The Great Outdoors

Comrade Araysar

Russian Turdgod
<Silver Donator>
43,053
81,199
I grew up doing a lot of camping. Many a summer swamp ass in florida. Very brutal camping in fla summers. I do travel a lot and love minimalism. I always aim for the lightest and tightest as far as backpacking goes. I use the hell out of these REI compression bags. Love them.


Also kinda random but I'd highly recommend ex officio underwear. Found it many years ago when I first started backpacking/travel. Shit absorbs smell so good. Screamfeeder Screamfeeder random but have you tried ex officio? Not sure if it's as big in the camping world as it is in airplane backpacking/travel.

Dont fall for it Screamfeeder Screamfeeder - he'll be asking you to mail him some of your soiled underwear next.
 
  • 1WTF
  • 1Seriously?
Reactions: Kithani and Foler

Screamfeeder

The Dirtbag
<Banned>
13,309
11,199
51d 10h 31m
Thinking about going for Denali but being on glacier covered mountain for potentially 20+ days to do it can be brutal.
Awesome pictures! I've done Rainer but via the much easier (and way more crowded) Disappointment route. My ice skills are sorely lacking and with COVID and possibly more fires, all the training I was planning on doing in the Sierras this year is put on hold.

Denali is a huge step up and on my list as well.
 

dizzie

Triggered Happy
2,247
3,561
83d 11h 39m
Been on a bunch of treks, Nepal 3x, South America twice travelling for a long ass time. Done some reasonably high stuff in those countries.

Mera Peak
Cotopaxi
Chimborazo
Annapurna Circuit (one and a half times as I got sick the first attempt and ended up being flown out).
Everest Base Camp Trek

Hit quite a few peaks in Europe. I enjoy the mountains but I wouldn't consider myself a climber, more of a trekker. Although I've done the basics and winter snow/ice courses. Bit too old to start doing the hard/high stuff anyway.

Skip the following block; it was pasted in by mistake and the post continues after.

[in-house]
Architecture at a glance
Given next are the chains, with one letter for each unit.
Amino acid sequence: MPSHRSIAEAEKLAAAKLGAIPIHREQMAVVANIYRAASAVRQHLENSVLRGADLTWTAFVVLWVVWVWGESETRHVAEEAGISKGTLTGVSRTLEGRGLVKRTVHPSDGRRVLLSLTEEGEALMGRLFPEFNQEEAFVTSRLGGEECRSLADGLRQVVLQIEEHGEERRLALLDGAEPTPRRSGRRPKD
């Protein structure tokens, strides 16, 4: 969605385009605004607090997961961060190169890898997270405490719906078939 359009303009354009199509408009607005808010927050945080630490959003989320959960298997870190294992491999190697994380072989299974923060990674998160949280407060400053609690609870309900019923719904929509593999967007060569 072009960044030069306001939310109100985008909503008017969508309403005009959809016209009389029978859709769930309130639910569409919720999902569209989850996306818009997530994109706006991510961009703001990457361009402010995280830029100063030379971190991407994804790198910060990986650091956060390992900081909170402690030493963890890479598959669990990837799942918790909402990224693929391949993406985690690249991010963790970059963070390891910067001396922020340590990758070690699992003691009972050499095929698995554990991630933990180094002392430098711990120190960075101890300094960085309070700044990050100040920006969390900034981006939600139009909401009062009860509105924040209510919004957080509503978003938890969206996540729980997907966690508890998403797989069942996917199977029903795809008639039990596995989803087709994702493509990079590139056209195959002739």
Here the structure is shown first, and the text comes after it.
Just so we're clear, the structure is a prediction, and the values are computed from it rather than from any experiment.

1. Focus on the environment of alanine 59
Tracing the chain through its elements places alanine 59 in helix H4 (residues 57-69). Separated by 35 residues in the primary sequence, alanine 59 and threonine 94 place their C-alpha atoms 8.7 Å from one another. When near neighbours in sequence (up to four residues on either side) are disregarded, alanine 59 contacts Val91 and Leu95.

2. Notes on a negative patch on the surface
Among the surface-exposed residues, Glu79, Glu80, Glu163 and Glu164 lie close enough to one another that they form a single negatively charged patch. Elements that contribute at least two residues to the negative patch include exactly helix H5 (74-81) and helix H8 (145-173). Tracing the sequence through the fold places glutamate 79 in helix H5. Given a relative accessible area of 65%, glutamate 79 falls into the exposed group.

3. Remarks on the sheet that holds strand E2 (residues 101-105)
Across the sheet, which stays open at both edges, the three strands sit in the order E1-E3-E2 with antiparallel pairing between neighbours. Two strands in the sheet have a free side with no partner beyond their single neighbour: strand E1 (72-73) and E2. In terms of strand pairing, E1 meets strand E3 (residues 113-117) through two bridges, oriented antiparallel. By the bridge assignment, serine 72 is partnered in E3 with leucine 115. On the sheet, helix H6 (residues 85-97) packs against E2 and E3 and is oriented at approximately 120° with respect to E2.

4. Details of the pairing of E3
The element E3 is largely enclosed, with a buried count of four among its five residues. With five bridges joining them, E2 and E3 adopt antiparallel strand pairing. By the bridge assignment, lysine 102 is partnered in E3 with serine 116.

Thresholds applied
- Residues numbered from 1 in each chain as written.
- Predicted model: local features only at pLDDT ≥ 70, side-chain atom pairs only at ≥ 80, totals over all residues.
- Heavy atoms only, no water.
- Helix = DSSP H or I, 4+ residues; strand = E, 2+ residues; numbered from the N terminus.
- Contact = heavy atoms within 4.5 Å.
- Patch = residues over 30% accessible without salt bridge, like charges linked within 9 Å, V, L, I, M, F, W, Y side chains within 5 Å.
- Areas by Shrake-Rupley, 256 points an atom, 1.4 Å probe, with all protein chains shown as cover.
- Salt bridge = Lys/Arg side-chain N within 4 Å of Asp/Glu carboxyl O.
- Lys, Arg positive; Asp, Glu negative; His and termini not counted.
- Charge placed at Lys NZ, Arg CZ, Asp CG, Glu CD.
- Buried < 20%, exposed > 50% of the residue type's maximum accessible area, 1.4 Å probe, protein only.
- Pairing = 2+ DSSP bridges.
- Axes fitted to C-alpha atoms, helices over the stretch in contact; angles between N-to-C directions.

I plan on visiting K2 and the Baltoro at some point in the future just to visit.
 
  • 1Like
Reactions: Dr.Retarded

Screamfeeder

The Dirtbag
<Banned>
13,309
11,199
51d 10h 31m
That adds bulk, enough that I think the Jetboil size is a wash. It's big, but not so big. And you don't have to carry pots. And I've never had an issue with it being fragile. What parts of it do you find are fragile?

The one my friend was using had bits of the plastic bottom chipped off. From what you describe I am going to assume he threw it off a fucking mountain or something, so maybe it's not as fragile as I thought. It just felt...thin in my hands. He swears by it. As for bulk with pots, here is my two person setup packed and unpacked.

Dmjjnpo.jpg
g0NSWTv.jpg


I can make it even smaller and lighter with just the stove and a single camp cup. Only issue I have is that I have to use the smaller ISO cans but if I'm only cooking for myself or two it hasn't been an issue yet. I also have a much larger set of pots, plates etc for being fancy when not in the backcountry.

Maybe I'm just a snob about the way the Jetboil looks. It seems so...Flash...

But give me the best options you have for fall camping in Montana, and for summer camping in Utah. I'm looking at all the options. I'd love to have 2 or 3 bags for everyone, but that gets expensive.

You sound like a perfect candidate for The One. It's not ideal for going ultralight or for long through hikes, but it is an incredibly solid bag for multi-temp environments. It's 4lbs and change so it's heavy and it doesn't compress down super small but you basically get two full bags plus a camp blanket that all together range from 40/20/5 temps. I've only used it once in temps around 5/0 and I still had to layer up a bit to be cozy but that's the case with any bag in that temp. It has a TON of zippers and can be a bit confusing to figure out how to quickly assemble it all so I don't recommend it for trips where you want to get your camp up and going fast.

if you need something a little different, I cannot recommend the REI Magma bags highly enough. I have both the 10 and the 30 and they are both awesome. They compress down to about the size of two fists, are very light and decently comfortable. I will say the Magma 10 isn't QUITE accurate because at temps around 15-10 I was pretty chilly without layering up, but it's just so goddamn light and tiny I still use it.

I just looked and it seems REI changed the 10 model and now only does a 15. I haven't used that one but it looks like the 10 is no longer available. Bummer.

I would suggest you check out The One though. Sounds almost purpose built for you.